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Pop - Released November 21, 2014 | RCA Records Label

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R&B - Released March 22, 2004 | LaFace Records

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R&B - Released June 8, 2012 | RCA Records Label

Usher was pushing his "revolutionary pop" concept as early as 2010, when he told StyleList, "I love that people are talking about the new hair, it represents who I am now and the creative movement of revolutionary pop." Prior to the release of his seventh studio album, he was doing it more than ever, quite likely encouraged by a Top Five Hot 100 collaboration with mainstream dance kingpin David Guetta ("Without You"). With rare exception, revolutionary pop as presented on Looking 4 Myself sounds just like contemporary pop-oriented R&B, or European dance-pop, or some combination of the two. Compared to Usher's previous album, this is weighted more heavily toward dance-pop, much of which is functional and well made but unremarkable. The set is front-loaded with two such numbers. "Can't Stop Won't Stop," a typically savvy production from will.i.am and partner Keith Harris, incorporates flashes of commercial dubstep and a synthesized version of that escalating wordless melody from Billy Joel's "Uptown Girl." The Max Martin/Shellback-produced "Scream," a Top 20 hit by the time the album was released, is a pummeling dancefloor track with a mindless seduction theme. Next is the stellar Diplo collaboration "Climax," a bittersweet, 100% modern ballad that creates tension with space. It's more moving than what precedes and follows, but there are other highlights and a couple pleasantly surprising twists. "Lemme See," featuring Rick Ross, is a slithering, low-slung jam -- one of Usher's best. The easygoing yet emotive title track, a cross between new wave and soft rock with an appearance from Luke Steele (the Sleepy Jackson, Empire of the Sun), could pass for a cover of a missing track from the back half of the first N.E.R.D. album. Ironically, that's the singer's boldest move. While Usher's talent as a vocalist adds some depth to the producer-driven field of dance music, he's more of a creative force when he's working with slower, soul-rooted material. There's no shame in riding the wave, especially when you can do it better than anyone else. Calling it revolutionary is disingenuous. ~ Andy Kellman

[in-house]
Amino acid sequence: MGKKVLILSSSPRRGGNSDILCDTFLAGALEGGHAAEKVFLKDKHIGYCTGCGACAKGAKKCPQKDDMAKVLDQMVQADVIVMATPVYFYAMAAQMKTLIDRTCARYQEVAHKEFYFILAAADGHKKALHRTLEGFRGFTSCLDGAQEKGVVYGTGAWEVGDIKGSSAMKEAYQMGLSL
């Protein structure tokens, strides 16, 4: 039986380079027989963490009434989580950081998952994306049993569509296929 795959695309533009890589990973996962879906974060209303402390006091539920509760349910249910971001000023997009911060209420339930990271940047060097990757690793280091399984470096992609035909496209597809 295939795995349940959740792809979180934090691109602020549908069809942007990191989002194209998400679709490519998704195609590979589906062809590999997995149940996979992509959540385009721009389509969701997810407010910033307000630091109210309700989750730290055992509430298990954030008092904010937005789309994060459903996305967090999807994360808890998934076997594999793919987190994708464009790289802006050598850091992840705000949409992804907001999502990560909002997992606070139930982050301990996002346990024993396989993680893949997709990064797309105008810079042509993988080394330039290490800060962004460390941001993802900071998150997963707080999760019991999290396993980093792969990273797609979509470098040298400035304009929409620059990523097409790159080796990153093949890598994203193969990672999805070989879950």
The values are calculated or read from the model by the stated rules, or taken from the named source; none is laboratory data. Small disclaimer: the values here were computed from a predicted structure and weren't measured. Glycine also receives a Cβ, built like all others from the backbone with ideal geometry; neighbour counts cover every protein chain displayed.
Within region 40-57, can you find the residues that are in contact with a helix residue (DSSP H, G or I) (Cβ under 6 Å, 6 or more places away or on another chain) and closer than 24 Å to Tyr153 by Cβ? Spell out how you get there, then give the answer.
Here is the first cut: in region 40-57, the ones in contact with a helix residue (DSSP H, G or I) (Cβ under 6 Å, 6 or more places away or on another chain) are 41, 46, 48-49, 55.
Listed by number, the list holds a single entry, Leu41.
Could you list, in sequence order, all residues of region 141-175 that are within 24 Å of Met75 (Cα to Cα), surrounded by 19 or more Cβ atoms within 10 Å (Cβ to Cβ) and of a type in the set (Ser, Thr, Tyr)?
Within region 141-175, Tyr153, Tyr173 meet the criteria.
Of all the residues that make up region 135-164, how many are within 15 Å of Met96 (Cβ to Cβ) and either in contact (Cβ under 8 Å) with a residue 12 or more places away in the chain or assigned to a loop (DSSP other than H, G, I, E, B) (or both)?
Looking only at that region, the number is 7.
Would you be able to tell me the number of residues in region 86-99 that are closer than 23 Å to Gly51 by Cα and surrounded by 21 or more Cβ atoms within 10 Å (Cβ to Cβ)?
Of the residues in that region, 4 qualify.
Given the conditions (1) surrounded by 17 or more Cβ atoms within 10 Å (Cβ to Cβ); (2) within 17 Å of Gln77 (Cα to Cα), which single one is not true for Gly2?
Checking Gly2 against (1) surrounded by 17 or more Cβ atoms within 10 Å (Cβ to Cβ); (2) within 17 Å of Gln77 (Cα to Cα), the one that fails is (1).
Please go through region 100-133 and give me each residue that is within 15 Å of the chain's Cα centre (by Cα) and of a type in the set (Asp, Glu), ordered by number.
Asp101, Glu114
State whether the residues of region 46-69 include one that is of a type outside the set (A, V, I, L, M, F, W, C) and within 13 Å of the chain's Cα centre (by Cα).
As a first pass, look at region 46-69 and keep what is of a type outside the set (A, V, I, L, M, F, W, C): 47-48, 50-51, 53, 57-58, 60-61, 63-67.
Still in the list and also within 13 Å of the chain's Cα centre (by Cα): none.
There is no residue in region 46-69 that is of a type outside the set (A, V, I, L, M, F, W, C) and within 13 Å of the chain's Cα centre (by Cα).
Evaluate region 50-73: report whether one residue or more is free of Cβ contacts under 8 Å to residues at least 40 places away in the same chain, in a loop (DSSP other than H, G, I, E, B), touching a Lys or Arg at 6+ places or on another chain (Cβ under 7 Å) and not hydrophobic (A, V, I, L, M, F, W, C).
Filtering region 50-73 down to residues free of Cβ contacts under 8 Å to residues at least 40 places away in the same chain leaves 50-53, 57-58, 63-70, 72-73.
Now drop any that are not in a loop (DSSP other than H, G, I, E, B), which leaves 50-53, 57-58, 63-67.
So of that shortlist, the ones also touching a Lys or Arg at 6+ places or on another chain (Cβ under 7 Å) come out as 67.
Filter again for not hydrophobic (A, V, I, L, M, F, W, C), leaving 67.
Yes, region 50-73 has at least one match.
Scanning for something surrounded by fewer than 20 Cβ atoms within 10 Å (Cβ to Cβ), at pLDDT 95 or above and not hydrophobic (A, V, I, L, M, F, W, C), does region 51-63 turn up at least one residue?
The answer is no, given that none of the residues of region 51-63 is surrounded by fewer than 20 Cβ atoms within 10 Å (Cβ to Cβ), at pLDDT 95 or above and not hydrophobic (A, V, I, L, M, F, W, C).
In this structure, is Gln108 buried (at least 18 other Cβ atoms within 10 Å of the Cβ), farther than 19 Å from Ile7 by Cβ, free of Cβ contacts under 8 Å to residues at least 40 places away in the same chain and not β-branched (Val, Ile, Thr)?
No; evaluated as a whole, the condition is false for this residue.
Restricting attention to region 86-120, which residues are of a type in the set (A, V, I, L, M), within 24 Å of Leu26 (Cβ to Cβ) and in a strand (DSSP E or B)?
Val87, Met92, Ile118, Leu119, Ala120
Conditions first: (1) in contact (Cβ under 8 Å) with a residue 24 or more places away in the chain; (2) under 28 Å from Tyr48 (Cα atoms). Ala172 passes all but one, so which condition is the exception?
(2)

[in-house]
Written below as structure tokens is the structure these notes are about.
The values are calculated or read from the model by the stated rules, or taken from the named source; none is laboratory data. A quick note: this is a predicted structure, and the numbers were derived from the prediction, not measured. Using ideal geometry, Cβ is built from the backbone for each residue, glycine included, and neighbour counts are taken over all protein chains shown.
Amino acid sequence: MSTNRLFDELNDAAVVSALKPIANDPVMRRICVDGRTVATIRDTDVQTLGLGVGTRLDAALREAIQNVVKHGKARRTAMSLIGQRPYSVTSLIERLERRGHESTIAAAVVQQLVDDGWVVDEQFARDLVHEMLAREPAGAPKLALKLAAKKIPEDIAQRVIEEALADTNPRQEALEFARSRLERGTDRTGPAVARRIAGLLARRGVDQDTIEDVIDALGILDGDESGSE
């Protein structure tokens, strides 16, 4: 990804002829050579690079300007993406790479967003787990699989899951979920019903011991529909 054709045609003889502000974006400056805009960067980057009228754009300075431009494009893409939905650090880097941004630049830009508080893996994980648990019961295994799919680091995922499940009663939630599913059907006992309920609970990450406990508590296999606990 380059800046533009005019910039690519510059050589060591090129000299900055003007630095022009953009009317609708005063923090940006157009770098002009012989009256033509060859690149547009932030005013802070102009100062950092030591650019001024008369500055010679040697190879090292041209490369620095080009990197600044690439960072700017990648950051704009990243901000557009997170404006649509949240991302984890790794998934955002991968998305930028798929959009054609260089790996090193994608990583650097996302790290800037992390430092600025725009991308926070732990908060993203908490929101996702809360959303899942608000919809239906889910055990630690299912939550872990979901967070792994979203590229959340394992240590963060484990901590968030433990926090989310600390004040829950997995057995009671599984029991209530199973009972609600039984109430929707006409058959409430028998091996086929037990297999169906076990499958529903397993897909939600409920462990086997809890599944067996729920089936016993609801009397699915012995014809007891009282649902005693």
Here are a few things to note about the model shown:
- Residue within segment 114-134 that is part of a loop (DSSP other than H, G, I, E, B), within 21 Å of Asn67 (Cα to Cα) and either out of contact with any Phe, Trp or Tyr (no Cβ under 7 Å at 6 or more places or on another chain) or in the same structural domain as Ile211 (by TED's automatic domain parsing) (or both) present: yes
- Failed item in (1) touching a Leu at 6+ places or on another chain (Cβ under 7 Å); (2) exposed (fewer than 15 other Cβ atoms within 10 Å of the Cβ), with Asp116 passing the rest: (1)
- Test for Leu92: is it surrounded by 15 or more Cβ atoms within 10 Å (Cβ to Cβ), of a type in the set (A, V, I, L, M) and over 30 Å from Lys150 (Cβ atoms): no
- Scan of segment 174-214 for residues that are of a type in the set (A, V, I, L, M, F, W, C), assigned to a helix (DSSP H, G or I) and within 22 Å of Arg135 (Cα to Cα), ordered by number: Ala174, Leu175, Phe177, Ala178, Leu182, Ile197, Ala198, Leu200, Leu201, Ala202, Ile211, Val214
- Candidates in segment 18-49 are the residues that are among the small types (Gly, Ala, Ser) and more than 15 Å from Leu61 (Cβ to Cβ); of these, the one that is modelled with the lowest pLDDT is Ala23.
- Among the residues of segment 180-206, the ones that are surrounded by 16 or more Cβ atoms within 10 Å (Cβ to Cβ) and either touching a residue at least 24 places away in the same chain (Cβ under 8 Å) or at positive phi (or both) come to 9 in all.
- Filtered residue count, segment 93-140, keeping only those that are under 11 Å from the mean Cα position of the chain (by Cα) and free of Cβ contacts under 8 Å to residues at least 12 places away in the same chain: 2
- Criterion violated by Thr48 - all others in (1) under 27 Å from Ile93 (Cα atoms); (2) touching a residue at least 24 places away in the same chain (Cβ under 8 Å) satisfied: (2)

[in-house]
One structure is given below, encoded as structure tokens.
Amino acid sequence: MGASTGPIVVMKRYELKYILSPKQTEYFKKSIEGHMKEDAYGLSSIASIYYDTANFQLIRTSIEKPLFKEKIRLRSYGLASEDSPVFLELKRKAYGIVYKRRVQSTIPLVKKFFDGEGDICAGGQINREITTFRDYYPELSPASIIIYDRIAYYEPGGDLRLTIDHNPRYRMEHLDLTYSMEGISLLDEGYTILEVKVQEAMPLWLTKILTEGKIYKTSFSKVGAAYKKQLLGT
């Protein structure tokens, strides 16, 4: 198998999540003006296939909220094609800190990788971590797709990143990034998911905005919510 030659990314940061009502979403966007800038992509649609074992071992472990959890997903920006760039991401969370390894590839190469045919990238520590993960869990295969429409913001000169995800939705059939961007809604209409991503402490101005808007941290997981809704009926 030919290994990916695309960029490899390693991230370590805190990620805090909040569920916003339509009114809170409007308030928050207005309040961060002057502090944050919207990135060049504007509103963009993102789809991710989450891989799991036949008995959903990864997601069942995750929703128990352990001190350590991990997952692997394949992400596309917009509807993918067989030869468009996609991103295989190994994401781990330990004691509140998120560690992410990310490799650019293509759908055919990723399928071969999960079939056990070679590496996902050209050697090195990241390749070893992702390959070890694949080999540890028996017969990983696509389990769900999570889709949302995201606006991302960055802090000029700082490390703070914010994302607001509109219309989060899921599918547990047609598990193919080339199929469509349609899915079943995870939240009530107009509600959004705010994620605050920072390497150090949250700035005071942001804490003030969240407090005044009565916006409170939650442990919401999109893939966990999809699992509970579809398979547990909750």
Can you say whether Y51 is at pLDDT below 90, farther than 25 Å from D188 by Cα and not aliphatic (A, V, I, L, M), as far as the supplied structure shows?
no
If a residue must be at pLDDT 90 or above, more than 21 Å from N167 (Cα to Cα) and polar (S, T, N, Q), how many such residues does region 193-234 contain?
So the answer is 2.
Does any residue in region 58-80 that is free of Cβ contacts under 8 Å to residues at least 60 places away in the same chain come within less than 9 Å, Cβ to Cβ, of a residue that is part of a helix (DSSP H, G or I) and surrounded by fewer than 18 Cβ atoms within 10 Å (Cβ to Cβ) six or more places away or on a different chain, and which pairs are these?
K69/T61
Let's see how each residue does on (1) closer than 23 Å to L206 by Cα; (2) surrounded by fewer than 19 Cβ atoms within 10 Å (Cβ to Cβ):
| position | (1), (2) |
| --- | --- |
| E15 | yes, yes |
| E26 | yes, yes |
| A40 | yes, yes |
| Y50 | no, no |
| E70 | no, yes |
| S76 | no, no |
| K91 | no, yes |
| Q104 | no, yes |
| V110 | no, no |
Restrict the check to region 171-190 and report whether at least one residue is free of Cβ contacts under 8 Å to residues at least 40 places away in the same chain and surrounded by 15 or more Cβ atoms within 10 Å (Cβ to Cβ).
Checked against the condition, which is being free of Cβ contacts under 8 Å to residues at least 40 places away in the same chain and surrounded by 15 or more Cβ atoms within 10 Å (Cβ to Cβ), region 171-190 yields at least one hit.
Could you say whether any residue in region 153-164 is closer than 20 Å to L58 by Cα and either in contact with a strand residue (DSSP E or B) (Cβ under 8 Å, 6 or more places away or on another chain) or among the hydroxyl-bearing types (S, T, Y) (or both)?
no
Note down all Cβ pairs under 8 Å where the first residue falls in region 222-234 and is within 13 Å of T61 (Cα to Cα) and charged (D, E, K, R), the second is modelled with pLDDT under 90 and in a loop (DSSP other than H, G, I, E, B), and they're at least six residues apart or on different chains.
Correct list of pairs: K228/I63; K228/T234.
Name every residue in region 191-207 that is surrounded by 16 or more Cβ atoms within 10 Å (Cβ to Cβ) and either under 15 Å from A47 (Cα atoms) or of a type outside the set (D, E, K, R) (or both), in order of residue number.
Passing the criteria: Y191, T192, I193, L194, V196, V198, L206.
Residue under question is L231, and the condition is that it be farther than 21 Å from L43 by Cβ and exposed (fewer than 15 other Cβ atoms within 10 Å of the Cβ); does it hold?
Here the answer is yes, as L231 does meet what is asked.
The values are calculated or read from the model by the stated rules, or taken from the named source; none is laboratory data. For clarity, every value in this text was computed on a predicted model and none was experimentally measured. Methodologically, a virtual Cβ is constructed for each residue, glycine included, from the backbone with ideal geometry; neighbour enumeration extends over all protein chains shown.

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R&B - Released July 8, 2014 | RCA Records Label

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R&B - Released June 8, 2012 | RCA Records Label

Usher was pushing his "revolutionary pop" concept as early as 2010, when he told StyleList, "I love that people are talking about the new hair, it represents who I am now and the creative movement of revolutionary pop." Prior to the release of his seventh studio album, he was doing it more than ever, quite likely encouraged by a Top Five Hot 100 collaboration with mainstream dance kingpin David Guetta ("Without You"). With rare exception, revolutionary pop as presented on Looking 4 Myself sounds just like contemporary pop-oriented R&B, or European dance-pop, or some combination of the two. Compared to Usher's previous album, this is weighted more heavily toward dance-pop, much of which is functional and well made but unremarkable. The set is front-loaded with two such numbers. "Can't Stop Won't Stop," a typically savvy production from will.i.am and partner Keith Harris, incorporates flashes of commercial dubstep and a synthesized version of that escalating wordless melody from Billy Joel's "Uptown Girl." The Max Martin/Shellback-produced "Scream," a Top 20 hit by the time the album was released, is a pummeling dancefloor track with a mindless seduction theme. Next is the stellar Diplo collaboration "Climax," a bittersweet, 100% modern ballad that creates tension with space. It's more moving than what precedes and follows, but there are other highlights and a couple pleasantly surprising twists. "Lemme See," featuring Rick Ross, is a slithering, low-slung jam -- one of Usher's best. The easygoing yet emotive title track, a cross between new wave and soft rock with an appearance from Luke Steele (the Sleepy Jackson, Empire of the Sun), could pass for a cover of a missing track from the back half of the first N.E.R.D. album. Ironically, that's the singer's boldest move. While Usher's talent as a vocalist adds some depth to the producer-driven field of dance music, he's more of a creative force when he's working with slower, soul-rooted material. There's no shame in riding the wave, especially when you can do it better than anyone else. Calling it revolutionary is disingenuous. ~ Andy Kellman